As people of faith and conscience, we are appalled and saddened by the escalating violence in the Middle East. We are convinced that military force is not the answer. President Obama’s call for military intervention in the civil wars taking place in Iraq and Syria cannot be justified militarily or morally. We are deeply concerned that the President feels he has the authority, under the Authorization for the Use of Military Force, to engage in military interventions without consulting Congress. The AUMF must be repealed.
As we have seen repeatedly, violence begets more violence and our drones and bombing raids recruit more militants. A different approach is needed if we want different results. We need to work for political solutions through diplomacy and humanitarian aid and express genuine concern for the best interests of all of the people of this region.
We therefore call upon the United States:
·     To end arms shipments to the Middle East. US weaponry fuels violence and supports authoritarian regimes that do not represent the will of their people or promote democracy or a just peace.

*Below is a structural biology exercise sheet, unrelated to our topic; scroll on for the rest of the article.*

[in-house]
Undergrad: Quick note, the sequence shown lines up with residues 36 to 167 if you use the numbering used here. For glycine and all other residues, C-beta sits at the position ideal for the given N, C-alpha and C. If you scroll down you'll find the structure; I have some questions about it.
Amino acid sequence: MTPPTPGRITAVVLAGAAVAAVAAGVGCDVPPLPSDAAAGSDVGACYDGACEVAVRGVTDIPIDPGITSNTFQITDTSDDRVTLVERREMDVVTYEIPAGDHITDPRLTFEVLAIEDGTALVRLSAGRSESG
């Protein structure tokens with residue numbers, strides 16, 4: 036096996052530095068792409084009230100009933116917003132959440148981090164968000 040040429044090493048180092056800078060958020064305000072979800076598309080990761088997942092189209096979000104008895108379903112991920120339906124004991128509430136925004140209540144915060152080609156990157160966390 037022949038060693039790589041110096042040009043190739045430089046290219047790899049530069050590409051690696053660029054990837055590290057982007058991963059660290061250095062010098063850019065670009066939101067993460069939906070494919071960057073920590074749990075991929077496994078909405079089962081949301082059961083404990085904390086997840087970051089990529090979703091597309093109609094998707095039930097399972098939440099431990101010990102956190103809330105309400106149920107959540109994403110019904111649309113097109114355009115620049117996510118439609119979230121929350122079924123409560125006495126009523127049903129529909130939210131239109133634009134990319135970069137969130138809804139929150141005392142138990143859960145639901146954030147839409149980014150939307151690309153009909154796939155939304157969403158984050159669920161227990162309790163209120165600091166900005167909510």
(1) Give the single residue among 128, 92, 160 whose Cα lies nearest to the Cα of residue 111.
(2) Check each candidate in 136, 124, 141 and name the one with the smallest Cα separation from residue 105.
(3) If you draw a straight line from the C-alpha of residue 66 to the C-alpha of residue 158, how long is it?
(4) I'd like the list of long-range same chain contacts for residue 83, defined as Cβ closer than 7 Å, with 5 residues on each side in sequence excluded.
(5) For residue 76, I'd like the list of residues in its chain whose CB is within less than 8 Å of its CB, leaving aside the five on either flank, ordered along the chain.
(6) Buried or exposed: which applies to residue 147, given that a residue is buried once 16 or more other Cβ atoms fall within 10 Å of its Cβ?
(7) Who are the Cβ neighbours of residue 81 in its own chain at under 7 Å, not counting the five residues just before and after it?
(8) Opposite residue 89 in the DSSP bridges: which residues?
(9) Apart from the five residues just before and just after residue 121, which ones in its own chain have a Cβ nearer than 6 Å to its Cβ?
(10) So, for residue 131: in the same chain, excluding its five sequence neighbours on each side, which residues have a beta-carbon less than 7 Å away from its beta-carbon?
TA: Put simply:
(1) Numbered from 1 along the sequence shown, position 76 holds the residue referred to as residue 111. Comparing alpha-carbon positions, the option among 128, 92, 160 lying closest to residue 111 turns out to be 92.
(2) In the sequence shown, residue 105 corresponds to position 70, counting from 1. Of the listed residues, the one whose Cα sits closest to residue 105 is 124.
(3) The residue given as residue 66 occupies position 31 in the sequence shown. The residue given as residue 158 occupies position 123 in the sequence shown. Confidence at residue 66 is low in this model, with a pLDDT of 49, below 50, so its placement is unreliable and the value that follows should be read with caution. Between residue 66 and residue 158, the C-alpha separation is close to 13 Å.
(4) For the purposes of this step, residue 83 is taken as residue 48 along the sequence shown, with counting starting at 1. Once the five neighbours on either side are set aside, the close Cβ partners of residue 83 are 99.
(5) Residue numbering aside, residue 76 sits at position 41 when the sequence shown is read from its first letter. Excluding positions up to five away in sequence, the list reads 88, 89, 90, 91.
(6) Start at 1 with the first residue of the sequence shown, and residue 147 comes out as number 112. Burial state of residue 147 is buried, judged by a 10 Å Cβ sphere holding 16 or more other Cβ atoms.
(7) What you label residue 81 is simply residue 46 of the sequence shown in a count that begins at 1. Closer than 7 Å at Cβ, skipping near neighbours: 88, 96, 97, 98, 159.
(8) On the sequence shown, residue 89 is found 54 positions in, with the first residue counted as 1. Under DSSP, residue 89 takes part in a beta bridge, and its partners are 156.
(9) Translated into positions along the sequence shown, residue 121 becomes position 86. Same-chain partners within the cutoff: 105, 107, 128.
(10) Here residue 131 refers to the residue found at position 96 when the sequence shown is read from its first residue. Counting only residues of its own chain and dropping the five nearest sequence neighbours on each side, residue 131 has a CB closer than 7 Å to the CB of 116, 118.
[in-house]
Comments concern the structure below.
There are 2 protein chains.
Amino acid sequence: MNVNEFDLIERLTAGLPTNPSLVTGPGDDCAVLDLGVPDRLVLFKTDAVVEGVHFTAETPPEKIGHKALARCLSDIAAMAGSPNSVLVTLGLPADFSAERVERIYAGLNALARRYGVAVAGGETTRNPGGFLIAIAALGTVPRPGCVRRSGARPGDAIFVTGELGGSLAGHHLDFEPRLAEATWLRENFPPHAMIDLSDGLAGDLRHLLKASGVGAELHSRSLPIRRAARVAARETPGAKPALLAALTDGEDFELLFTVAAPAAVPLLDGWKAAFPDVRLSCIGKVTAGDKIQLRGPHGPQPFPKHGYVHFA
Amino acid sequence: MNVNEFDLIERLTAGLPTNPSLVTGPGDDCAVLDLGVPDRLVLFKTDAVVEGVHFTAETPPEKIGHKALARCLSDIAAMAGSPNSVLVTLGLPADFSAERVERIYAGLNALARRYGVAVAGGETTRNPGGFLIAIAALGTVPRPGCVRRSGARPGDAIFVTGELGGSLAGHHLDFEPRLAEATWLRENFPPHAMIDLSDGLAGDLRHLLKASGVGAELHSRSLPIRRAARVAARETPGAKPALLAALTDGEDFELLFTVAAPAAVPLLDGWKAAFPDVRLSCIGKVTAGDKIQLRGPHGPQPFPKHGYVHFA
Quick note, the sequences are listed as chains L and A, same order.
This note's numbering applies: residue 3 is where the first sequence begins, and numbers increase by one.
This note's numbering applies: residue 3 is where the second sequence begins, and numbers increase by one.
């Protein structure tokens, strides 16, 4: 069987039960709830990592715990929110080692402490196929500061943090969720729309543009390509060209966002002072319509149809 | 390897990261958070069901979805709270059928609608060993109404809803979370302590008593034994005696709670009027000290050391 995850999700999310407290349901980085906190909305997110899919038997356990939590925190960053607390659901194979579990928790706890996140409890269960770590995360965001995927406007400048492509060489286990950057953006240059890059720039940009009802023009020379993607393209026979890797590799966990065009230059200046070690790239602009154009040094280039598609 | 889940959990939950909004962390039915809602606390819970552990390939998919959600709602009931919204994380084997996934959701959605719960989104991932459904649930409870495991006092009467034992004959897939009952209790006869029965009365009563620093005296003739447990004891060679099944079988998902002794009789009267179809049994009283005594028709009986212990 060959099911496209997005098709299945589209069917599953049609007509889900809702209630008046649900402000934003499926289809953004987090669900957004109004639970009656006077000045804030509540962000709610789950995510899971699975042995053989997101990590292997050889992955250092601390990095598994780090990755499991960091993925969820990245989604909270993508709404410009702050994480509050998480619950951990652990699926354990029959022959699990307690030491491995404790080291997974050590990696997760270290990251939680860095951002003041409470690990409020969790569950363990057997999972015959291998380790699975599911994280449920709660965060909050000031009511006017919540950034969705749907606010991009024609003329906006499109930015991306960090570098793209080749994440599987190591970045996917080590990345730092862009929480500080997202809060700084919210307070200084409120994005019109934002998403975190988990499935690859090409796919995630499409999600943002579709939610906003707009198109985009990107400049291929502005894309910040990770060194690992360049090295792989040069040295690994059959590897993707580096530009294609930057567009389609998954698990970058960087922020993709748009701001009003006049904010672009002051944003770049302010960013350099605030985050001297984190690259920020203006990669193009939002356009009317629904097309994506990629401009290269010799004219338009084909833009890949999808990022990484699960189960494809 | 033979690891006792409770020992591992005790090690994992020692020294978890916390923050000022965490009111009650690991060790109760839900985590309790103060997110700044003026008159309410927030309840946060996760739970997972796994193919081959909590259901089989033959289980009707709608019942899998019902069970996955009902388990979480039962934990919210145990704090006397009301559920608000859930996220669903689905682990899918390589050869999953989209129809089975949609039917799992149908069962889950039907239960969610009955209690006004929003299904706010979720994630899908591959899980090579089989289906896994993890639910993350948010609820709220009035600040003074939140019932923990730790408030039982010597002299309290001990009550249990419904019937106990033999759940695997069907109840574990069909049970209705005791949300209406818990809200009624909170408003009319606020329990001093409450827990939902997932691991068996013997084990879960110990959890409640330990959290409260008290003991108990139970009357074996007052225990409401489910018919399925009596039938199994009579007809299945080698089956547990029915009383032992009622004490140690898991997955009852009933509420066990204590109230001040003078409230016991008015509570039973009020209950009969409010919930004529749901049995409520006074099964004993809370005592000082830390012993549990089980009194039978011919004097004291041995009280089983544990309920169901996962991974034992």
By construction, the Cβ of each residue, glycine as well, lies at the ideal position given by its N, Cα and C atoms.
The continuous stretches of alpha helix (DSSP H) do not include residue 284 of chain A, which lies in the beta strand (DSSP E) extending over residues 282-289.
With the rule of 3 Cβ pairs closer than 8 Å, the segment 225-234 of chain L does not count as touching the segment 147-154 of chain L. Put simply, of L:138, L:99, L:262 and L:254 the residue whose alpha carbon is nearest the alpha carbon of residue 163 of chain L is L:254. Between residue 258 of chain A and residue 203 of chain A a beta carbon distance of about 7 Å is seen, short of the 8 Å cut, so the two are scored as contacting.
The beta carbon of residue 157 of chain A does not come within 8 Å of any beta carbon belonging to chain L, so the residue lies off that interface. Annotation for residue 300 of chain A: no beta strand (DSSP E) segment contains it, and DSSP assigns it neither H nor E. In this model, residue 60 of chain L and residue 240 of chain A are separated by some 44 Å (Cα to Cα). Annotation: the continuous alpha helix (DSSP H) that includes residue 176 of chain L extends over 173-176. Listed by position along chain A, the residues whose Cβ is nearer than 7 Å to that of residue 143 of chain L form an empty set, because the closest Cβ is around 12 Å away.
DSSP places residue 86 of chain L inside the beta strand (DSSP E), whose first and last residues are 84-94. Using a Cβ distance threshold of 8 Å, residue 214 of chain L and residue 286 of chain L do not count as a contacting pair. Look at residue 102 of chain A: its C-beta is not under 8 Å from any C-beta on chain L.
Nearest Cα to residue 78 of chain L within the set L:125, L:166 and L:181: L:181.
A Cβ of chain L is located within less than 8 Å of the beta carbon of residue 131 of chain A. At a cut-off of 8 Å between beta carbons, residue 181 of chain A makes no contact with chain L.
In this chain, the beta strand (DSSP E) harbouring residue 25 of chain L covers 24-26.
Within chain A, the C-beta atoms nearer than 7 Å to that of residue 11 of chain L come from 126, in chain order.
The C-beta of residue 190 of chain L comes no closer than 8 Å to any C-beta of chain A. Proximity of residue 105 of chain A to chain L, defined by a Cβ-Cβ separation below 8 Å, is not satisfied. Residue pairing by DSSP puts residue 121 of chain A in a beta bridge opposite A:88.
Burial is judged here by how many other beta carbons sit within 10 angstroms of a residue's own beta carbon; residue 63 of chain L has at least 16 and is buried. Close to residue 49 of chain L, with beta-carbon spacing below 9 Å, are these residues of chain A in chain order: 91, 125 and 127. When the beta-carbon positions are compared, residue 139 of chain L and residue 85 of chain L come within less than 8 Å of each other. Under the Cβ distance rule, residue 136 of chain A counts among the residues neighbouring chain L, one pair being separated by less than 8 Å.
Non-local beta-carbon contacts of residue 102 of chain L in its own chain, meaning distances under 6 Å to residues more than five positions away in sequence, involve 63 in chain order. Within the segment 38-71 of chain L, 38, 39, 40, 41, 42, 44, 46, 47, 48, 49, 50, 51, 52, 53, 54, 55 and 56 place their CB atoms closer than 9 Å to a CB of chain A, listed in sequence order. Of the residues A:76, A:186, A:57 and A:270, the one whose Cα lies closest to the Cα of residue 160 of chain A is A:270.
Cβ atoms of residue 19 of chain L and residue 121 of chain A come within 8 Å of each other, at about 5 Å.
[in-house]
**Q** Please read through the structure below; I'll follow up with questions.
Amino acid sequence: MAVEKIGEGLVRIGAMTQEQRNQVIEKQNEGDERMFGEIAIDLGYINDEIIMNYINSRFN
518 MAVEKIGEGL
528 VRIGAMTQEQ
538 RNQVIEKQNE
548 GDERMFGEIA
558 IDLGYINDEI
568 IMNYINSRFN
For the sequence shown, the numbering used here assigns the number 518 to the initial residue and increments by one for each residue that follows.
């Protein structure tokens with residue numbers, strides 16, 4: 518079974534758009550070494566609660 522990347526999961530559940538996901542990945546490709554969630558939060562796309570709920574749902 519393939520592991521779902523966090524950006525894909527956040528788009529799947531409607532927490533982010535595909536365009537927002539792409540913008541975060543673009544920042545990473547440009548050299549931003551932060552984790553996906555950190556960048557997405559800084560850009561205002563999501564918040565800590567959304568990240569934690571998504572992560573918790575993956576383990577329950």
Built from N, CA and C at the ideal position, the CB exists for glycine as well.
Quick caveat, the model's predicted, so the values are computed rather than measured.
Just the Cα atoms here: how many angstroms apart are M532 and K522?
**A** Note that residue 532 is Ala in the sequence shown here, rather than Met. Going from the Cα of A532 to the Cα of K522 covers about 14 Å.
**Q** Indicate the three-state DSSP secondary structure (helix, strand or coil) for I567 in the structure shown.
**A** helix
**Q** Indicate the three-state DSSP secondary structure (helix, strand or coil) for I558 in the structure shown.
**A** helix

·     To provide massive humanitarian efforts (implemented mainly by civilians, not by the military) to rebuild Gaza, Iraq, Afghanistan and other areas ravaged by US military interventions. We feel that the hundreds of billions of dollars spent on the failed “War on Terror” would have produced far better results if our resources had been used for community development and to alleviate poverty and disease.
·      To condemn human rights abuses by all countries in the Middle East, including our allies, and to support genuine democracy, especially nonviolent grassroots movements seeking to end oppression.
We are especially concerned about the violence in Israel/Palestine because the US provides billions of dollars annually in aid to Israel, and because this area is considered sacred to Muslims, Christians, and Jews.
We are appalled by the thousands killed in the latest violence in Gaza, most of them civilians and children, as well as by massive destruction of homes, mosques, schools and hospitals. We equally grieve the deaths suffered in Israel from Hamas rockets.